AKWA IBOM INDIGENES CONSIDER CAMEROON’S CITIZENSHIP
….As Stakeholders Call For Boundary Delineation
By Abasifreke Effiong, Essien Inyang & Itoro Bassey.
Indigenes of 16 communities in Mbo mangrove island of Akwa Ibom State, whose communities are allegedly annexed by Cameroon, are considering taking up citizenship in Cameroon to save themselves from repeated molestation by the Cameroonian authorities.
In a meeting between stakeholders in Mbo Local Government Area and representatives of the National Boundary Commission (NBC), the affected indigenes called on Federal Government to officially delineate and demarcate Nigeria’s maritime boundaries with Cameroon, adding that if it is done, it will forestall further annexation of their communities and molestation of their people by Cameroon military.
They decried the laxity exhibited by the Federal Government in correcting the nation’s boundary with Cameroon 13 years after the judgment of the International Court of Justice.
Some of the stakeholders at the meeting were former Commissioner for Information and Governorship aspirant in the 2015 election, Prince Chris Abasi Eyo, former Surveyor General of the State, Mr. Eyo Esin, former Transition Chairman for Mbo, Mr. Solomon Effiong, member representing Mbo State Constituency in the House of Assembly, Mr. Samuel Ufuo, Mbo Transition Chairman, Sir Cyril Etuk, village heads, youths and women from the affected communities.
They lamented the persistent harassment by the Cameroonian military, in their words, “we have been confronted my our youths who themselves or their family members have repeatedly been molested, raped, or exploited by Cameroon Gendarmes, to grant them a leaf to fight back at Cameroon; overtime we’ve said no. We won’t say no all the time. If we are not protected by our government, then we will have to protect ourselves and territory”.
They called on the Federal Government to establish a military base at the current operational boundary of Nigeria and Cameroon until December when Presidents of both countries had fixed for the final demarcation of their maritime boundaries.
“We encourage the Federal Government to establish a joint security base at the border between Nigeria and Cameroon to stop Cameroon authorities from further invasion of our homes. Funding of such operations should not be done as peace – time security funding. The atrocities committed by Cameroon Gendarmes are unabated because security provided by the Nigerian Navy at Forward Operation Base at Ibaka is not compact. It is embarrassing that whenever security of the communities is threatened and you reach out to the Navy at Ibaka and you will be told by the officers that there is no diesel to power their boats. On many occasions it is the locals who contribute money for diesel for the Navy”.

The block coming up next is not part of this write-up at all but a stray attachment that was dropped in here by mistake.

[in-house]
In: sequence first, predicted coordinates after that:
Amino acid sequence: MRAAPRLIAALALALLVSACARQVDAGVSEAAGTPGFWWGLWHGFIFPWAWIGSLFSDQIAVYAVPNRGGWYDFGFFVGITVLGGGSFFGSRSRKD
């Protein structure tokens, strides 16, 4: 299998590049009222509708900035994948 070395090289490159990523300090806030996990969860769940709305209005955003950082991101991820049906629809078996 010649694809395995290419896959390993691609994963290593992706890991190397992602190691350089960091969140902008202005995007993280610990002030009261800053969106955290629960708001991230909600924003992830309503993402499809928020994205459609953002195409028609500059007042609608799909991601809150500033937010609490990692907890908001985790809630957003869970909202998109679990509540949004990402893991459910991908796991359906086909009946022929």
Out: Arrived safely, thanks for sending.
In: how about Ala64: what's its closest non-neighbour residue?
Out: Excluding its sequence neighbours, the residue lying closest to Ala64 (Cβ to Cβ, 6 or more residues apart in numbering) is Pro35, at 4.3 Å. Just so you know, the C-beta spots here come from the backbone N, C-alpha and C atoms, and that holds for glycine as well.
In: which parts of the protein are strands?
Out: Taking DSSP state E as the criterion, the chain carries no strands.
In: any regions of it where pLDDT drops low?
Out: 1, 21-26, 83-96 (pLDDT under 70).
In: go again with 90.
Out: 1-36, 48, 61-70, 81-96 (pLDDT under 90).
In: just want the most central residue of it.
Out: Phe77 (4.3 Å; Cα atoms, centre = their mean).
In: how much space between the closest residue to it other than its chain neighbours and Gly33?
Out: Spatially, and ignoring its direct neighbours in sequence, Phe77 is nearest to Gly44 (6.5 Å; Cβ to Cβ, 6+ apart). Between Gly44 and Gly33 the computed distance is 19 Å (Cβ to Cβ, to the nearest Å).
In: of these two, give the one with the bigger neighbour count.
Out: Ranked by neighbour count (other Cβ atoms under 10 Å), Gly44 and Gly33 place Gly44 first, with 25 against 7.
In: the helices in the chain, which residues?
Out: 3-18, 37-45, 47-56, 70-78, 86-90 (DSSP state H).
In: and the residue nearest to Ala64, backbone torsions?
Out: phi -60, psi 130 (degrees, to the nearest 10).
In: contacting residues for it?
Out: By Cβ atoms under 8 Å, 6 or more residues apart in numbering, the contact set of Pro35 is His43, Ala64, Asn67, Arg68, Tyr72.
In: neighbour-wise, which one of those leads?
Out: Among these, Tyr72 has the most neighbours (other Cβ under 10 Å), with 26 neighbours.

Some of the names of communities annexed by Cameroon, according to the stakeholders, included Ine Odiong, Inua Mba, Ine inua Abasi, Ine Usuk, Ibekwe, Itung Ibekwe, Akwa Ine Nsikak, Ine Ekeya, Ine Ebighi Edu, Ine Etakisib, Atabong, Akpakanya, Ine Okobedi, Ine Atayo, Ine Akpak and Abana.
The NBC’s fact- finding team led by Mr. Moses Onyoh also met with the village head of Abana, Chief Nyong Etim Efa, who told the team that though he was appointed a Village Head by Akwa Ibom State Government, he has also been given certificate as Village Head by Republic of Cameroon, adding that the Cameroon authorities have been collecting taxes from the locals.
“The Cameroon Gendarmes have placed taxes on all the communities. In Albana, we are demanded to pay N500,000 per month. The last time they came to collect the money and found out that I didn’t convene a meeting to raise the tax, they raped my wife, beat me up and later detained me in their cell. For our youths who resist them, they cut their fishing nets into pieces and seize their outboard engines. We are weakened by repeated molestation from Cameroon Gendarmes. We are seriously considering taking up citizenship in Cameroon, since Nigerian government cannot protect us.”
One of the victims, Etim Asuquo Eyo, who narrated his ordeals in the hands of the Gendarmes during the last invasion of communities in the Mbo mangrove island, said he together with members of his village were left with no source of livelihood.
“On Saturday February 27, 2016 we experienced the worst onslaught on our people. The Gendarmes raided our homes, raped our wives, seized 10 outboard engines (eight 40hp & two 15hp), eight bags of crayfish, and stole money from our homes. After the incidence, it has been difficult to eke a living. We don’t have money to buy new outboard engines and fishing nets,” he said.
The NBC team later visited the Forward Operation Base of the Nigerian Navy in Ibaka where it was received by the Commanding Officer, Captain A. J. Siyanbade, who told the delegation that there was no community currently within Nigerian territory which the FOB Naval command did not have access to, adding that Abana, one of the communities allegedly annexed by Cameroon was not within their area of operations.
In his words, the NBC Team Leader, Mr. Moses Onyoh, assured residents of the mangrove island of an immediate intervention by the Federal Government.
The contention as to where Nigeria has it boundary with Cameroon keeps blazing more than a decade after the ICJ’s judgment.
From our findings, the International Court of Justice after ceding Bakassi peninsula to Cameroon, in article 18 of its judgment pegged Nigeria’s boundary with Cameroon on the maritime at Rio Del Ray River, called Akpa Usakedet by the locals.
Nigeria’s current operational boundary with Cameroon is on the Yafe River, formerly called Akwa Akpa Ikang ye Effiat by locals. This is about 40 nautical miles away from Rio Del Ray river where the ICJ gave as Nigeria’s boundary with Cameroon on the North- East of the gulf of Guinea.